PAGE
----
• First, it defines precisely the names of all children and the married names of two daughters. The Federal Census, 1880, Summit Twp, Bates County, Missouri[iv] lists Mildred as an Ison and includes five more children listed as his sons and daughters, Nora, F, age 14; Floyd, M, age 11; Schuyler, M, age 9: Dora, F, age 5; Viola, F, age 2. It always seemed suspicious since Schuler and Mary were 62 and 59 respectively at the time, but…now we know they were not their children.
    • So whose children were they? I had long ago checked the Ison boys given the children were listed as Ison. This time I rechecked the married surnames of the daughters listed in probate. Under James Henry ROBERTSON [not Robinson] in the 1870 census,[v] I found Mildred with children SoNORA and James in Grand River Twp, Bates Cty, Mo. While I had this record in my files, I could now confirm the relationship. I found James Henry Robertson in Findagrave where his death certification is included along with a wealth of added information including Mildred’s second marriage to Stephen S. Varns, 22 May 1884.
  • I was unable to find any children or father of Emma Ison Parrine.

And THEN! I figured I’d check to see if Mary Ison had a probate record. No luck, but I found an 1895 Plat Map showing exactly where Mary Ison’s land was in Bates County, MO. Here is a detail of a colored version available through the Missouri State Historical Society…Sections 18 and 19 of Twp 40, Range 30, Summit Township. Gabe Ison is listed here; first I’ve seen the nickname though I suspected it. (Conrad Grape-husband of Elizabeth, Frank Cuddeback-husband of Sonora, Mildred Varnes, U.S. Ison, and Jasper Ison are all family mentioned above.)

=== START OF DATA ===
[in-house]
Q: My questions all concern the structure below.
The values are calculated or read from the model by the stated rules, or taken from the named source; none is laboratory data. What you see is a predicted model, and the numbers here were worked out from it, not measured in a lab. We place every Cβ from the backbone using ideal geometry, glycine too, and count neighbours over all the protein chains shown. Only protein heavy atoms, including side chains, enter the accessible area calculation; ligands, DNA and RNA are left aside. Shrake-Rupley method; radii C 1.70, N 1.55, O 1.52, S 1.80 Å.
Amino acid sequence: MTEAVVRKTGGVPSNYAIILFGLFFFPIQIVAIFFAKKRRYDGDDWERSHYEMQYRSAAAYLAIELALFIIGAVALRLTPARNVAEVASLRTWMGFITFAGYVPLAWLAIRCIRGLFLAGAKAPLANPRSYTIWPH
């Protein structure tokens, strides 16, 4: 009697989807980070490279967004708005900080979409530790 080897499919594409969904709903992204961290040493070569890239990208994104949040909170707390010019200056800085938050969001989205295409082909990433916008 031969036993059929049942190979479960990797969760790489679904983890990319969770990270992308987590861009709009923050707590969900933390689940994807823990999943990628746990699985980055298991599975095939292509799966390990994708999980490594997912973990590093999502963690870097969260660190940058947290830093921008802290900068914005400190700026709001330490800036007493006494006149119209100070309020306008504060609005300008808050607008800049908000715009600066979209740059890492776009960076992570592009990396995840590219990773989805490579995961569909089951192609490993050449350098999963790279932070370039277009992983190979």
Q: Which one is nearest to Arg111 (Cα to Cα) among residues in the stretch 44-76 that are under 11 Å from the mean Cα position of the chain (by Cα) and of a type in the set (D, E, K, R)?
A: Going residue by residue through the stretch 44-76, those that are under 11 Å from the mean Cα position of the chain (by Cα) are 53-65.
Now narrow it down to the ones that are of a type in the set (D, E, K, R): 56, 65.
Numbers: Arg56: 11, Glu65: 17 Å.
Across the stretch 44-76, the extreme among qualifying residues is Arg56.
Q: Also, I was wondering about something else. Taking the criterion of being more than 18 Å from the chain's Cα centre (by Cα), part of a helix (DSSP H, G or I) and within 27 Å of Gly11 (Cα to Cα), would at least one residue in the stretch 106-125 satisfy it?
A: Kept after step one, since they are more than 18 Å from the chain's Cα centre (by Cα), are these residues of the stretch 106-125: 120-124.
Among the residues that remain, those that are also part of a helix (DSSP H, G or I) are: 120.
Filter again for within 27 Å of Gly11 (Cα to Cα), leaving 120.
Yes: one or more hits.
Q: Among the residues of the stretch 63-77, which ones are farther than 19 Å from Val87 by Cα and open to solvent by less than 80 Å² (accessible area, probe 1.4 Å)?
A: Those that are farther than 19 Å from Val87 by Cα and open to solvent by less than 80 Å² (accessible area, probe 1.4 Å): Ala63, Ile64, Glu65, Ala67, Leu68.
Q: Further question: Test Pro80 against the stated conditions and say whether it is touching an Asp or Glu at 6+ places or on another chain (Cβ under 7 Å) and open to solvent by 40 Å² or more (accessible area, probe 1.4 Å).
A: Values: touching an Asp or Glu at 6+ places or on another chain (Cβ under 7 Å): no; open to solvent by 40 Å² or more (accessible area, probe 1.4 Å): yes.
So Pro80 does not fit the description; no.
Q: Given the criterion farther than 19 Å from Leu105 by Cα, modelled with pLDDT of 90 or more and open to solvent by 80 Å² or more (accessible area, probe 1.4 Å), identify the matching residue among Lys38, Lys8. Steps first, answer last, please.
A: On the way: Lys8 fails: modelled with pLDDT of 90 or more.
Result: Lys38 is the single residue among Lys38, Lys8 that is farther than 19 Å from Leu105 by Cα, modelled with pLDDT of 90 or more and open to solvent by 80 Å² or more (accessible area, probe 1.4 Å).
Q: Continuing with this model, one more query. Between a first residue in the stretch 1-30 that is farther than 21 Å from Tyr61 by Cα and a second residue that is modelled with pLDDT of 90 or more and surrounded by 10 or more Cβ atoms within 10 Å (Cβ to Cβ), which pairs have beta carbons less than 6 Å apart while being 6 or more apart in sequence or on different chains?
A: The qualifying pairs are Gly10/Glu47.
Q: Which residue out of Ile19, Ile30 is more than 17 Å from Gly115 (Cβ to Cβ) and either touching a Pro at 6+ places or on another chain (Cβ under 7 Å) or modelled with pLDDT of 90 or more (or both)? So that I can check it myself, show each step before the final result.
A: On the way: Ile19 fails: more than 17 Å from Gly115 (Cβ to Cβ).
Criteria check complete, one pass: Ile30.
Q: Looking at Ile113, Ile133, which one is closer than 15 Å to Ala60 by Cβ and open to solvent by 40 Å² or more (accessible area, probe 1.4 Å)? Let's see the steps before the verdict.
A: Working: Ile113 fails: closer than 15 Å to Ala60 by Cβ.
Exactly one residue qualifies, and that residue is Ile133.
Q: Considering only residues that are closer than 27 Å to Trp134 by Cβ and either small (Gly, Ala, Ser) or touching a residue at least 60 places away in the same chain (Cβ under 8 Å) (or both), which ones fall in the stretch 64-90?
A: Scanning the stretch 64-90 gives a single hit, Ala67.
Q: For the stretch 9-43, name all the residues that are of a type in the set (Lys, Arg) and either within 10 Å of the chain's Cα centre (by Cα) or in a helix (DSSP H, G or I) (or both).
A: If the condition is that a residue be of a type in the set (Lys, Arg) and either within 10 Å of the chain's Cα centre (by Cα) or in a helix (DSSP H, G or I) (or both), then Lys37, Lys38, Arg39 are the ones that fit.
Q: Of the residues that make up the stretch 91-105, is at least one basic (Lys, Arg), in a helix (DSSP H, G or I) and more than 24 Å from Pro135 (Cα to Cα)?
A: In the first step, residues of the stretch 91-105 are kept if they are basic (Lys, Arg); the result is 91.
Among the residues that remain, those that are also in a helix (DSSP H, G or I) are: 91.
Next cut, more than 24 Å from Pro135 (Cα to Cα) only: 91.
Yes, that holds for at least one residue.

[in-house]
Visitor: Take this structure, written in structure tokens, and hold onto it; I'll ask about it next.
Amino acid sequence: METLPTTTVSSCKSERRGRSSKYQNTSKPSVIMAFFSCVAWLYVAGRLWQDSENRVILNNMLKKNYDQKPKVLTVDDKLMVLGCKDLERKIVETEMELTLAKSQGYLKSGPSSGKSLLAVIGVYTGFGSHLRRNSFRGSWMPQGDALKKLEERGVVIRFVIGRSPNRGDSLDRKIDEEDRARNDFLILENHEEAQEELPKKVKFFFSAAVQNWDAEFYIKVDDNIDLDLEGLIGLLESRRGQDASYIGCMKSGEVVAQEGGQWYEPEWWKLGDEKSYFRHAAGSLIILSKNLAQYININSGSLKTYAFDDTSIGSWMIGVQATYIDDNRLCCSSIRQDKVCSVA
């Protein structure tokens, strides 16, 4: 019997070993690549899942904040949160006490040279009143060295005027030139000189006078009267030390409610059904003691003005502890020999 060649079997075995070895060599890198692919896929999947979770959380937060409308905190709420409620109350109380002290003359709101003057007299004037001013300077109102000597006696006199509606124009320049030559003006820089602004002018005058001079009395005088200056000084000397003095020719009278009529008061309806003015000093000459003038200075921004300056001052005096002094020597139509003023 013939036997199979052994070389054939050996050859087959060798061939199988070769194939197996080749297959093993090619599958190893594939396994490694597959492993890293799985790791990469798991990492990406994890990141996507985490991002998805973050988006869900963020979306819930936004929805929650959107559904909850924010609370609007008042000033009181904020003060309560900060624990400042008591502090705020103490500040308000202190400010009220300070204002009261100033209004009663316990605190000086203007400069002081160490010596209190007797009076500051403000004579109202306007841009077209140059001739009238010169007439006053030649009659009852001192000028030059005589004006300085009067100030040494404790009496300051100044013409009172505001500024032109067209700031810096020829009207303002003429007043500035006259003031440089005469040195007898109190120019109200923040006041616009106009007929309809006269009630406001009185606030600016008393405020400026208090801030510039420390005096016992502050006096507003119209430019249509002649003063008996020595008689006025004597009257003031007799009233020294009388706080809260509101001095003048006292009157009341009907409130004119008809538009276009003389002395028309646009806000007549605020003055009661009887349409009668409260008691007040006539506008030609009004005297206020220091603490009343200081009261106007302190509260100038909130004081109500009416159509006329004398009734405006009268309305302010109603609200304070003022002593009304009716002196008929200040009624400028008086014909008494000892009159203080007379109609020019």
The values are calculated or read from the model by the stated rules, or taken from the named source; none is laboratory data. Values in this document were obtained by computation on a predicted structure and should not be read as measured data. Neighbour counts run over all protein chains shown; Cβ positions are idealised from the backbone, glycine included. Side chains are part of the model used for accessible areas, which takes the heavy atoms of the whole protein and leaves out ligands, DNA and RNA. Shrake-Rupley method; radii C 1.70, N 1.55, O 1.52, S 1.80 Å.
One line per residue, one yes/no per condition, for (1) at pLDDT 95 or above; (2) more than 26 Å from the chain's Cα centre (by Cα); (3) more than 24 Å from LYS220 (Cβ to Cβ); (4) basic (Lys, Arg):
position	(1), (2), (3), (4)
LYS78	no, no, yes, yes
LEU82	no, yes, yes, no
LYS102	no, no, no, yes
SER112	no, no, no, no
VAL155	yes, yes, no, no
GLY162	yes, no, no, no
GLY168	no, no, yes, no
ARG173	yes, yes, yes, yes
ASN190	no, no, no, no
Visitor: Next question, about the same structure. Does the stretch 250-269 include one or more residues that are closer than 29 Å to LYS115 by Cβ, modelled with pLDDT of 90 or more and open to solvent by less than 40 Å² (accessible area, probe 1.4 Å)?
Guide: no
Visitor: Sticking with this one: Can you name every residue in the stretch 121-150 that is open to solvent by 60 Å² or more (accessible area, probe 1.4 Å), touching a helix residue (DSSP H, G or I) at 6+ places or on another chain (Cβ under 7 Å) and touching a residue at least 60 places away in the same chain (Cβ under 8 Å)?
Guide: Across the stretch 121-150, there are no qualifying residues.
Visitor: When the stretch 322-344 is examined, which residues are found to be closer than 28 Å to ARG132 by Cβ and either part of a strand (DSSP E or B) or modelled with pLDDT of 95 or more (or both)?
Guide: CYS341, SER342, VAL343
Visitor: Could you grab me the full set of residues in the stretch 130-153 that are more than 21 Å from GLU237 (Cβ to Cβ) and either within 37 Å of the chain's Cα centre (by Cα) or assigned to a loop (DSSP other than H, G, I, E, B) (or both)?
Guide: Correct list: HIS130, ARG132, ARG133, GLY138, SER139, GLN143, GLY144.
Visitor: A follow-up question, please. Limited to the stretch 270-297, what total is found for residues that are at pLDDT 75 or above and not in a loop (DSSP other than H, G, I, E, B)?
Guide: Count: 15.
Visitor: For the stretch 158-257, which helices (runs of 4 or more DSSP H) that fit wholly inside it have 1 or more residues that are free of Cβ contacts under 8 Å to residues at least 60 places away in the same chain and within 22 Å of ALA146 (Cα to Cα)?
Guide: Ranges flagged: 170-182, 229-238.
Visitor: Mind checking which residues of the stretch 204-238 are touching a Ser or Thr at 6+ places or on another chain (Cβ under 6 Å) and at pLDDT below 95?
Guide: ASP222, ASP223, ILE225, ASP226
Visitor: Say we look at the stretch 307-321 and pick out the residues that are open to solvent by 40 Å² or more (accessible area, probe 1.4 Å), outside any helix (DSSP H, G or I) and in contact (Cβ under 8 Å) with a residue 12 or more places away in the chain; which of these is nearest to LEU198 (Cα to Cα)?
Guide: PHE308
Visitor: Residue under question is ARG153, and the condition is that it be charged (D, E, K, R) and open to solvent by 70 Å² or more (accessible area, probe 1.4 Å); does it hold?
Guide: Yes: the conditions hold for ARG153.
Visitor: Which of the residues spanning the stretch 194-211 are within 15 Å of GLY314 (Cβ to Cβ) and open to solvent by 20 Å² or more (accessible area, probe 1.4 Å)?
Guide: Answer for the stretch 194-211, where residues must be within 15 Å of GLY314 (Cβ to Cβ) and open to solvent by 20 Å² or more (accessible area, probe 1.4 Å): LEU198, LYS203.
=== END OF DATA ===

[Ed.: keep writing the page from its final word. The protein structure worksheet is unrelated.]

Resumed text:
So keep looking, keep wondering, and trying new avenues of discovery. You never know what you might find.

[i] Missouri Marriage Records, 1805-2002 [accessed last 26 Aug. 2013 ]. Provo, UT, USA: Operations Inc, 2007.Original data: Missouri Marriage Records. – Microfilm (1852-1910). Jefferson City, MO, USA: Missouri State Archives. Microfilm
[ii] Kentucky, Birth Records, 1847-1911 [accessed last 24 Sept. 2016 ]. Provo, UT, USA: Operations Inc, 2007.Original data: Kentucky. Kentucky Birth, Marriage and Death Records – Microfilm (1852-1910). Microfilm rolls #994027-994058. Kentucky Department for Libraries and Archives, Frankfort, Kentucky.
[iii] Administrators, Executors, Guardian’s Bonds and Letters, 1854-1914; Author: Missouri. Probate Court (Bates County); Probate Place: Bates, Missouri. Missouri, Wills and Probate Records, 1766-1988 [accessed last 26 Sept. 2016]. Provo, UT, USA: Operations, Inc., 2015.